Learning about Chronic Pain

Dec
21
2012

Sufferers of chronic pain no doubt cringe as the seasons change and the temperatures cool. Why? Chronic painful conditions get more intense and widespread in the cold months because nerves become more sensitive in the cold. Additionally, painful conditions feel worse in the winter because of the muscle and ligament stiffness that result from lower temperatures.

So what is chronic pain? It is a complex condition that affects tens of millions of Americans and, despite decades of research, is a condition that remains poorly understood and notoriously difficult to control. Some cases of chronic pain can be traced to a specific injury that has long since healed (an injury, serious infection, or even a surgical incision), while other cases have no apparent cause. Many cases of chronic pain are related to these conditions:

  • Low back pain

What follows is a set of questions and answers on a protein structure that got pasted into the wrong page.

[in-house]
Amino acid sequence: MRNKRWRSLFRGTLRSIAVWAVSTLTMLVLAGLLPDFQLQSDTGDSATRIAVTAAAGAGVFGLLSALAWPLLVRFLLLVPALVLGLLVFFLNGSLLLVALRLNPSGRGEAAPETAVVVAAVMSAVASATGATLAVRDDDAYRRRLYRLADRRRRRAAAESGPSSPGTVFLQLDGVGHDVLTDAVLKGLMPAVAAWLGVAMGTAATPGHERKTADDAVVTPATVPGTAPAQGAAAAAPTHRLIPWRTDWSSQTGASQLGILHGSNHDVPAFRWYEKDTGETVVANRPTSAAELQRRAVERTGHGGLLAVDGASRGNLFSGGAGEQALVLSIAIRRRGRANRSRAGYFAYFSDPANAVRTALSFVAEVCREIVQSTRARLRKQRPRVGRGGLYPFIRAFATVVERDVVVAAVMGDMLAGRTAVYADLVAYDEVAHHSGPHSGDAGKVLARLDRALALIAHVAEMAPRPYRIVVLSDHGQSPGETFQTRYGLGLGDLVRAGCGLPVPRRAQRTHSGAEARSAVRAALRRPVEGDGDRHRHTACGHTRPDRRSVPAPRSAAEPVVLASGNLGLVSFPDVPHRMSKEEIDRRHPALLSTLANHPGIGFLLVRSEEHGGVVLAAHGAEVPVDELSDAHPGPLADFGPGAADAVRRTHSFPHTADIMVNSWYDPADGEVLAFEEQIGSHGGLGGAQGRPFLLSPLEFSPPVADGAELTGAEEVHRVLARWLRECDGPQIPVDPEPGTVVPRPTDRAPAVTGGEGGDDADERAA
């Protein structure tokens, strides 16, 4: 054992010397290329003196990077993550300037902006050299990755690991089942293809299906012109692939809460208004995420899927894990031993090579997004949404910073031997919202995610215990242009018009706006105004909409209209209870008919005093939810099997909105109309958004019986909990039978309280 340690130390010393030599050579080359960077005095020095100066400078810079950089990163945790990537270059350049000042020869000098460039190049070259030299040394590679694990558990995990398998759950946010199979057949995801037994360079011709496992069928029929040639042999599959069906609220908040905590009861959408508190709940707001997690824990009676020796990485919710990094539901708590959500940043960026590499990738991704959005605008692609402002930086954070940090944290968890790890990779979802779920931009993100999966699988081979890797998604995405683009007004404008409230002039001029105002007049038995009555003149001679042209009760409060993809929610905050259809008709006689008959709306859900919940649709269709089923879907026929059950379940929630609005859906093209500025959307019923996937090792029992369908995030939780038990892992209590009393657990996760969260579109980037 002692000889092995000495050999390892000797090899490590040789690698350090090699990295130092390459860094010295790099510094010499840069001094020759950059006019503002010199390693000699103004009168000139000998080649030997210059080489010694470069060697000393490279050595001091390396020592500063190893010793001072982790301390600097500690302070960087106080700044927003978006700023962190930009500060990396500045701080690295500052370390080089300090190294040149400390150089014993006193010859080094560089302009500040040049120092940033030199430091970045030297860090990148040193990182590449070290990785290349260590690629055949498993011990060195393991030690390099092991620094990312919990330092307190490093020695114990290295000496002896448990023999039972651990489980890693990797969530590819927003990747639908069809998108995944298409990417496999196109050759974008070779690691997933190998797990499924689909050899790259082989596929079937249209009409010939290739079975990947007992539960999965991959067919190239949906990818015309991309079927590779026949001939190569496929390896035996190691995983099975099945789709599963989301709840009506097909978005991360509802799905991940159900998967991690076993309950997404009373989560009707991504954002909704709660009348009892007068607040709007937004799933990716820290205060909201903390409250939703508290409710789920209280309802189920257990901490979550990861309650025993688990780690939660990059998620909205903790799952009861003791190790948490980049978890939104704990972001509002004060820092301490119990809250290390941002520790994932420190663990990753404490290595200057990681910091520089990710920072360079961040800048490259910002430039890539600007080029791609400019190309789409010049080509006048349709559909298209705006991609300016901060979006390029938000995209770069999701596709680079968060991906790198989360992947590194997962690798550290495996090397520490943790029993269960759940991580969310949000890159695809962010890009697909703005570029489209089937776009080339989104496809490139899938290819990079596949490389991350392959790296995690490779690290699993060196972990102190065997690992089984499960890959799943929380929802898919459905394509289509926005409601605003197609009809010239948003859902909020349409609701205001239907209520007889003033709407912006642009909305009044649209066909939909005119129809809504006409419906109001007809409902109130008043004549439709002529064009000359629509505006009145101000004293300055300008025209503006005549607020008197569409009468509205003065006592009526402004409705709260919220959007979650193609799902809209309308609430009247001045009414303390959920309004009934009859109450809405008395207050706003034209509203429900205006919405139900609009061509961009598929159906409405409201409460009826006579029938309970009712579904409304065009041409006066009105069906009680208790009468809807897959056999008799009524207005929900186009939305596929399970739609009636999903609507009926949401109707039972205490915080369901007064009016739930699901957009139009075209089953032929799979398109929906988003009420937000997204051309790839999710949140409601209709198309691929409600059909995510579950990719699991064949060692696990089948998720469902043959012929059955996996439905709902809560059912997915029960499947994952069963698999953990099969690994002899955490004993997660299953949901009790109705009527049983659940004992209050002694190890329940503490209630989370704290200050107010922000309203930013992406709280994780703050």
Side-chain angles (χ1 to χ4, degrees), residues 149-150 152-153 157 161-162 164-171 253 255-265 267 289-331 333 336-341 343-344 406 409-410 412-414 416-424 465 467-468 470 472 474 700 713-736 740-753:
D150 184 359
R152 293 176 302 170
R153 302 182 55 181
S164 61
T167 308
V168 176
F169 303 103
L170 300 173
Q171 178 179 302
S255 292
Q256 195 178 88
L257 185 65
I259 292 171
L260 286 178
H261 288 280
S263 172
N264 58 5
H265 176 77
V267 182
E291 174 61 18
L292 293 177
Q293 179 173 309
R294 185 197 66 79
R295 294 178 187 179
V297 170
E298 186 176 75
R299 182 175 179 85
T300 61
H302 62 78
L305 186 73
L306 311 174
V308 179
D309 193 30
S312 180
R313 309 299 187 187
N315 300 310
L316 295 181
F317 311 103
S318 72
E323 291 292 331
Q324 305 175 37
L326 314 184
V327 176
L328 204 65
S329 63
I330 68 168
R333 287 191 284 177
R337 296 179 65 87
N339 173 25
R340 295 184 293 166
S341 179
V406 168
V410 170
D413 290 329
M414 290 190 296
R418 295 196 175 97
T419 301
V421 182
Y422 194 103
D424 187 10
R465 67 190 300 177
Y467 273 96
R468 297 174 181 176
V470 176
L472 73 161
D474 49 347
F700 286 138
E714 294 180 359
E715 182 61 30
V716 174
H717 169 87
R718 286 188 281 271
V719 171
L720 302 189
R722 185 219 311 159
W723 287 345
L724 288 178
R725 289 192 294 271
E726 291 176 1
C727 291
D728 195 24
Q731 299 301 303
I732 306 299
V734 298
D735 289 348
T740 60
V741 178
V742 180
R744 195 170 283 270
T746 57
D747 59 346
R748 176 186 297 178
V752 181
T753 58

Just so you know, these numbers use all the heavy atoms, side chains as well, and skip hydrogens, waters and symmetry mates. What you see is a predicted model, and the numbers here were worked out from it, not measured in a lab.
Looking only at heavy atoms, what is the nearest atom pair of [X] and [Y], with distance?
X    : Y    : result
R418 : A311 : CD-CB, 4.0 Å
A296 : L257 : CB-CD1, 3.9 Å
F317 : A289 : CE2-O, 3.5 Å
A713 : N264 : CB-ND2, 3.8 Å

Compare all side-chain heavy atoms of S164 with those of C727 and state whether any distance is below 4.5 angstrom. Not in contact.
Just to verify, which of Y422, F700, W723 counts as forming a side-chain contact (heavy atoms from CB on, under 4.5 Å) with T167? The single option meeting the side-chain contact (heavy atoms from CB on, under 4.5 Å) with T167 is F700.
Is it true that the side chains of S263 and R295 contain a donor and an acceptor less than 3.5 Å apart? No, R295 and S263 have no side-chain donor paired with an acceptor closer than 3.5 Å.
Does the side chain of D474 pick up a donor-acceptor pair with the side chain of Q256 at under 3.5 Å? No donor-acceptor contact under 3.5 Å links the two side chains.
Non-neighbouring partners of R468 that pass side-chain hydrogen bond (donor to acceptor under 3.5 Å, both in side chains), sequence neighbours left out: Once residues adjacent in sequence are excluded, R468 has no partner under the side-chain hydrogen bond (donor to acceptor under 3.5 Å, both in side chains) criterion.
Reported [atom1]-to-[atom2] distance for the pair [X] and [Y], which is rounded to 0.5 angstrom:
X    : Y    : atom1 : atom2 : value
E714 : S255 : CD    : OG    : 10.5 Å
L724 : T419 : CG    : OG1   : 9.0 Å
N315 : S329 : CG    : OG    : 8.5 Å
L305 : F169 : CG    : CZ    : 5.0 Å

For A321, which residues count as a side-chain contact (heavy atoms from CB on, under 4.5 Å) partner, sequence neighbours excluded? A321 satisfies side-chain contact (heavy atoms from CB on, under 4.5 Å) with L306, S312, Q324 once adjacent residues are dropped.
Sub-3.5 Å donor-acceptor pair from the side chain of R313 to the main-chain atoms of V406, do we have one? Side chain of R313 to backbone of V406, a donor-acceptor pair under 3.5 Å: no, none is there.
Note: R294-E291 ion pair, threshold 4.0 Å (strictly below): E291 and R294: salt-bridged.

• Arthritis
  • Headache
  • Multiple sclerosis
  • Fibromyalgia
  • Shingles
  • Nerve damage

The emotional toll of chronic pain can also make pain worse as anxiety; stress, depression, anger, and fatigue all interact in complex ways with chronic pain, while also decreasing the body’s production of natural pain killers. Pain is usually not the only symptom of chronic pain. Other problems associated with chronic pain include fatigue, sleeplessness, weakened immune system, and disability.

In fact, chronic pain is considered the number one cause of adult disability in the United States. Treating the underlying condition is vitally important, of course, but often that does not resolve chronic pain. Methodist Hospital for Surgery’s team of medical professionals is ready to work with patients to address their chronic pain. Members of the chronic pain team want to take into account each individual’s level of pain and work with the patient to create a plan to manage pain so daily living activities can continue to be as normal and convenient as possible.

To learn more about the pain management services at Methodist Hospital for Surgery, please call 469-248-3900.


Go Back